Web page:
[0171] In accordance with an exemplary embodiment, the collimating optics array may comprise a collimating optics plate 1140 comprising precision alignment pins 1130 that may be utilize to mate with precision alignment holes 1190 on the tile to ensure that the transparent beam directing array and the collimating optics array are coupled to a common reference. The exploded view further illustrates the individual collimator lenses 1212 coupled to the collimator plate 1140.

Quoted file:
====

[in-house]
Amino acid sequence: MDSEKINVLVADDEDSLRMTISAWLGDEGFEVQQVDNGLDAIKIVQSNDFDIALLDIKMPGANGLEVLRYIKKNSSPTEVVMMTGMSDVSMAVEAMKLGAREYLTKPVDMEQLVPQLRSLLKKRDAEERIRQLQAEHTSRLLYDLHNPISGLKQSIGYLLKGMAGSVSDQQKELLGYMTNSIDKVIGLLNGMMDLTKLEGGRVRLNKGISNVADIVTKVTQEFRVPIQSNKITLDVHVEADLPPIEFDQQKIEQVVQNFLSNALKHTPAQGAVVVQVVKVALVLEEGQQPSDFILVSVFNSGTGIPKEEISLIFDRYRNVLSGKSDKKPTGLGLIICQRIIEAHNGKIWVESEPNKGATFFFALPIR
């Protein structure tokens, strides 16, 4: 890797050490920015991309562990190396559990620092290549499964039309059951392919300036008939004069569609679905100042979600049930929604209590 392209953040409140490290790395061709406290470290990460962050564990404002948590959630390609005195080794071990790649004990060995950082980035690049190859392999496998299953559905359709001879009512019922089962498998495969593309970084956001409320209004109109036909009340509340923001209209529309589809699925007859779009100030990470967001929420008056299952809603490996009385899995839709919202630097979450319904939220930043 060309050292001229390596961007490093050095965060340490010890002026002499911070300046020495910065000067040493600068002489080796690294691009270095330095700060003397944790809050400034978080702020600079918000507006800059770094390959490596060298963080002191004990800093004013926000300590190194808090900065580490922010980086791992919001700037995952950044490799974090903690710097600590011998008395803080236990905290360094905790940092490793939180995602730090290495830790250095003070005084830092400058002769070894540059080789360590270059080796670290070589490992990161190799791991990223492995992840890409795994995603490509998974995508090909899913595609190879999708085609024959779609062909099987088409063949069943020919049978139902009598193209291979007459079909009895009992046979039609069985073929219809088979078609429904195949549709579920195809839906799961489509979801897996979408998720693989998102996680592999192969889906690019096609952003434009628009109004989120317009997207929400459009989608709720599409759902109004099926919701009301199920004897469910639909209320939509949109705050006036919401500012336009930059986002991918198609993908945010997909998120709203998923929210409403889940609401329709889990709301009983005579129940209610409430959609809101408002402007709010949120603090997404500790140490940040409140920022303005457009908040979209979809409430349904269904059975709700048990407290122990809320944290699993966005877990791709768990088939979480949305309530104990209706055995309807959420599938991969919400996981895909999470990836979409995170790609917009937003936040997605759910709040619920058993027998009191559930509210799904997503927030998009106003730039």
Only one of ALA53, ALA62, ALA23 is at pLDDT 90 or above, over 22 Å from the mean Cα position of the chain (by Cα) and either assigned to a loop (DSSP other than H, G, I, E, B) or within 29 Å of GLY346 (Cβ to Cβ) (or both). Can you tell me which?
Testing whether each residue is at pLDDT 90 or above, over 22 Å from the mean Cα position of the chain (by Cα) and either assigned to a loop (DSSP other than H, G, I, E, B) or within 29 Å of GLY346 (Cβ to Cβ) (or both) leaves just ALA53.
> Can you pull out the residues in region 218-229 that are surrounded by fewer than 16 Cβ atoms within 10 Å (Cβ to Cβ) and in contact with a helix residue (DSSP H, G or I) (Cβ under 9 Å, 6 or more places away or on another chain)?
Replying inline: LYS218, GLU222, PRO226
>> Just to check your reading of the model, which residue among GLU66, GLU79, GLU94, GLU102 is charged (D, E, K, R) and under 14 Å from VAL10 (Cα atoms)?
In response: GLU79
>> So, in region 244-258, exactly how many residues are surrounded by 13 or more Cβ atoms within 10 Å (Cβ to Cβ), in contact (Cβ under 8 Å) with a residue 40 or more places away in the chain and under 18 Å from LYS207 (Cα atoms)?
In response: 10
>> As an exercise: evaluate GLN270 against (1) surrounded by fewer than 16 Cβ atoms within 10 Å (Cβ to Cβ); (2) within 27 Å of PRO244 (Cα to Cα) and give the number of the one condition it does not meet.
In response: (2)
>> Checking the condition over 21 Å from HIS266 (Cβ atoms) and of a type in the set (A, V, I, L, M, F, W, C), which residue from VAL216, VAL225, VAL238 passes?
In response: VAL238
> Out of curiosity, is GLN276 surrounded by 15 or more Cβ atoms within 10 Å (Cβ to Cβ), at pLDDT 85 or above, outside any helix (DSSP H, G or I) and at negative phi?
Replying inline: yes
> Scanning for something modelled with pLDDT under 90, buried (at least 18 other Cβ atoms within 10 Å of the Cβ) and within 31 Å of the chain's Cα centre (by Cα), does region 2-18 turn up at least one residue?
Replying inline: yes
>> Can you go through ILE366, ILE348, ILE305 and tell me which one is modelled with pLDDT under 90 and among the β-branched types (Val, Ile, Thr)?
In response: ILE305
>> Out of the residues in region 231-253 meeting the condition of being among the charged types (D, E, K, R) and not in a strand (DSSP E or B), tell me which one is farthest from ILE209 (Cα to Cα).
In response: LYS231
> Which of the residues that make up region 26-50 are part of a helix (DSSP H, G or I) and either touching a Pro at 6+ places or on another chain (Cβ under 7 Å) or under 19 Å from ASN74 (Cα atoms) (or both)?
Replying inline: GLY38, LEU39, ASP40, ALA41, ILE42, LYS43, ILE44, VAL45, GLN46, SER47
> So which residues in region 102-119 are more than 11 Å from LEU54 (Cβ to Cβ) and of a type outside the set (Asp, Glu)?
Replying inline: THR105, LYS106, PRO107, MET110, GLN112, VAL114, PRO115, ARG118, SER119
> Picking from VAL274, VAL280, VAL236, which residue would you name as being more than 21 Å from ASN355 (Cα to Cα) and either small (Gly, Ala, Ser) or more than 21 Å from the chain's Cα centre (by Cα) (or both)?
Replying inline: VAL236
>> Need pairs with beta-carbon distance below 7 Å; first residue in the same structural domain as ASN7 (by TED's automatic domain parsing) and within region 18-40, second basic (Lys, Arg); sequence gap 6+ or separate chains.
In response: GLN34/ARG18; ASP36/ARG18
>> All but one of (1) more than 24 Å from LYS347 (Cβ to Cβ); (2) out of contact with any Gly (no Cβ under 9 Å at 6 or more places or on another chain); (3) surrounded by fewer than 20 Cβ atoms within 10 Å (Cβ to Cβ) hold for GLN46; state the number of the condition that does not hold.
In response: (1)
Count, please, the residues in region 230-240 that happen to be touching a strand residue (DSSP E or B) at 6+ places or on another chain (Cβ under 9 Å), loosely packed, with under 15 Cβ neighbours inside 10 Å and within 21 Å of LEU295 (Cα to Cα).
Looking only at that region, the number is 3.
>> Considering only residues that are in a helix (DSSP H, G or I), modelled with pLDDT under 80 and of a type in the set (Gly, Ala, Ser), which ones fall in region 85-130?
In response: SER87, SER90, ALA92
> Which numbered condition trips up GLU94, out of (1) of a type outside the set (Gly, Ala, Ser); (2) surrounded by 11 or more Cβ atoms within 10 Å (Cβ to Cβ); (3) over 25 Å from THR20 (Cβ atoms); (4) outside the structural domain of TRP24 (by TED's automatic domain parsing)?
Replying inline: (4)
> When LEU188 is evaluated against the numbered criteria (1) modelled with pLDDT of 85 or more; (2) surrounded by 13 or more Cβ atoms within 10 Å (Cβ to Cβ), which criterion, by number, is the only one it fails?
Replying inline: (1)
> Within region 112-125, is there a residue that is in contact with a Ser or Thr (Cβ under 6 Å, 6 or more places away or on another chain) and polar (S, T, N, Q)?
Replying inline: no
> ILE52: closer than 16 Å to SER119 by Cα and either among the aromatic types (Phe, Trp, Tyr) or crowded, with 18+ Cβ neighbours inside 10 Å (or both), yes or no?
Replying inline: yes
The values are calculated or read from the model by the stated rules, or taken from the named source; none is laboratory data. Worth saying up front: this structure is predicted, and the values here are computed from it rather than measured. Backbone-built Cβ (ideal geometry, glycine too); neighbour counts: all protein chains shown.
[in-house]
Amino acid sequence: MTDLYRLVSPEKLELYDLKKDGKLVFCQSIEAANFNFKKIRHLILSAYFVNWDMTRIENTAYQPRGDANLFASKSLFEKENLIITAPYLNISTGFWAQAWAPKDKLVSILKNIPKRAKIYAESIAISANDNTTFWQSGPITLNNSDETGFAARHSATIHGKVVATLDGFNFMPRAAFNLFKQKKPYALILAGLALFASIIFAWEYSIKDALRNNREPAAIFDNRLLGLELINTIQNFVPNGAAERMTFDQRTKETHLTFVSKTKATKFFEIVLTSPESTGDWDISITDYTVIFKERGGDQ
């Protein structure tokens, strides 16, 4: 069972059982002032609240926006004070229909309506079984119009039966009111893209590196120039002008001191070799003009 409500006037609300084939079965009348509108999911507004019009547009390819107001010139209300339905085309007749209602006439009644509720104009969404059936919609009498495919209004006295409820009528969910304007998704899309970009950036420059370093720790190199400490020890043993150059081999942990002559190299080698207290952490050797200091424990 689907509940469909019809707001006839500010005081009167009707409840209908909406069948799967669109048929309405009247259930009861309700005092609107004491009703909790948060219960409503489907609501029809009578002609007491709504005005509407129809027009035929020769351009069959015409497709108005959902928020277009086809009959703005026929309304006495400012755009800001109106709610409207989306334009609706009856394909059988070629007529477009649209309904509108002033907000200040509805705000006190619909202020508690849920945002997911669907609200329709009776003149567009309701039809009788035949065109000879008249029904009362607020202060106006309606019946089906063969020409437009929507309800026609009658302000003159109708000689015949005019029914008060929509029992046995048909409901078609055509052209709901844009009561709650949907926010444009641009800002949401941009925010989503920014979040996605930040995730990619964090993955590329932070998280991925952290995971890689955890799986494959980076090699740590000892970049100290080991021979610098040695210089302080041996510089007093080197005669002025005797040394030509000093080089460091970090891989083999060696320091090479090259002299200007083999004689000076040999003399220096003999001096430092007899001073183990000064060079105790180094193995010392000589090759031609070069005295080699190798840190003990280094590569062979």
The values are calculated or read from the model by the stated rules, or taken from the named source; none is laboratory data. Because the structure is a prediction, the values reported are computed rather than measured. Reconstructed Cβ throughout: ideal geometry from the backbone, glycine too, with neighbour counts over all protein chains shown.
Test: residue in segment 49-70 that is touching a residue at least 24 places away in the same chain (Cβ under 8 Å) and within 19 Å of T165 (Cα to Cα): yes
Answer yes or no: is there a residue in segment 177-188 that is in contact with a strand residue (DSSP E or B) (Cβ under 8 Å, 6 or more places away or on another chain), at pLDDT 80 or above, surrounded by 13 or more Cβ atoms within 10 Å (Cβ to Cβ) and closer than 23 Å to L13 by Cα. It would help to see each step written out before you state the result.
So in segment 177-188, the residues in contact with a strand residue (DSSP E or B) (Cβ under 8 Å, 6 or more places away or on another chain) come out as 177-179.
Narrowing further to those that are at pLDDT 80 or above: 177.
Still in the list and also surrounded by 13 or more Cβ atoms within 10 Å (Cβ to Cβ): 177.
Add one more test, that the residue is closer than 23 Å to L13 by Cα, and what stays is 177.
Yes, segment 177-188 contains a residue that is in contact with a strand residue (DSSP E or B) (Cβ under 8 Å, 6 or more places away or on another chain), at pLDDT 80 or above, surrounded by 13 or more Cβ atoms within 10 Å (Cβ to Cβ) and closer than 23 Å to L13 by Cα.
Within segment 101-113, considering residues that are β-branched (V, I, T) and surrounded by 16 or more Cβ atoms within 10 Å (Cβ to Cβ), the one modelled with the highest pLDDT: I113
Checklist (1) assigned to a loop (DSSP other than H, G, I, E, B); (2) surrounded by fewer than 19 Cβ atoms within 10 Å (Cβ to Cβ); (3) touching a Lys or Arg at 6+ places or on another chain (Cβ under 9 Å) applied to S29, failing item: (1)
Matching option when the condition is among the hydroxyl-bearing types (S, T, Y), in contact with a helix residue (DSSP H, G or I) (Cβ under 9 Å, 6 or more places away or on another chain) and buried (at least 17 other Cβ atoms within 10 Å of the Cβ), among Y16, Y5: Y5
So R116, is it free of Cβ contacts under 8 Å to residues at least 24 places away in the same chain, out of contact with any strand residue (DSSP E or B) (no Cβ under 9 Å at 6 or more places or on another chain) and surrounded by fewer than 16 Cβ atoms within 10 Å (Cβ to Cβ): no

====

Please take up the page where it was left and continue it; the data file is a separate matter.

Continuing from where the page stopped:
[0172]FIG. 30(a) is a cross sectional view of the described exemplary tile having the collimating optics array 1210 coupled to the transparent beam directing array 1220. The cross sectional view further illustrates the path of the optical beams traveling from the collimating lens 1212, through the lower window 1260 and substrate 1250, reflecting off the high-reflectivity strips 1271, reflecting off the MEMS beam directing devices 1231 and out the upper window 1260 and convergence lens 1300. FIG. 30(b) is a planview of the underside of the upper window 1260 illustrating the integration of the high reflectivity strips 1271 the underside of the upper window 1260. FIG. 30(c) shows a top view of the tile with the lid removed. In the described exemplary embodiment the MEMS mirror 1231 may be formed into strip arrays 1130. In addition, the bond pads 1160 of the MEMs mirrors 1231 may be interdigitated with arrays of vias 1251 formed in the substrate 1250 with substrate bond pads 1170 that may be routed out onto the substrate to form a lower density interconnect (not shown) In the described exemplary embodiment the precision alignment holes 1190 may be pre-made in a metal spacer that has been soldered to the substrate.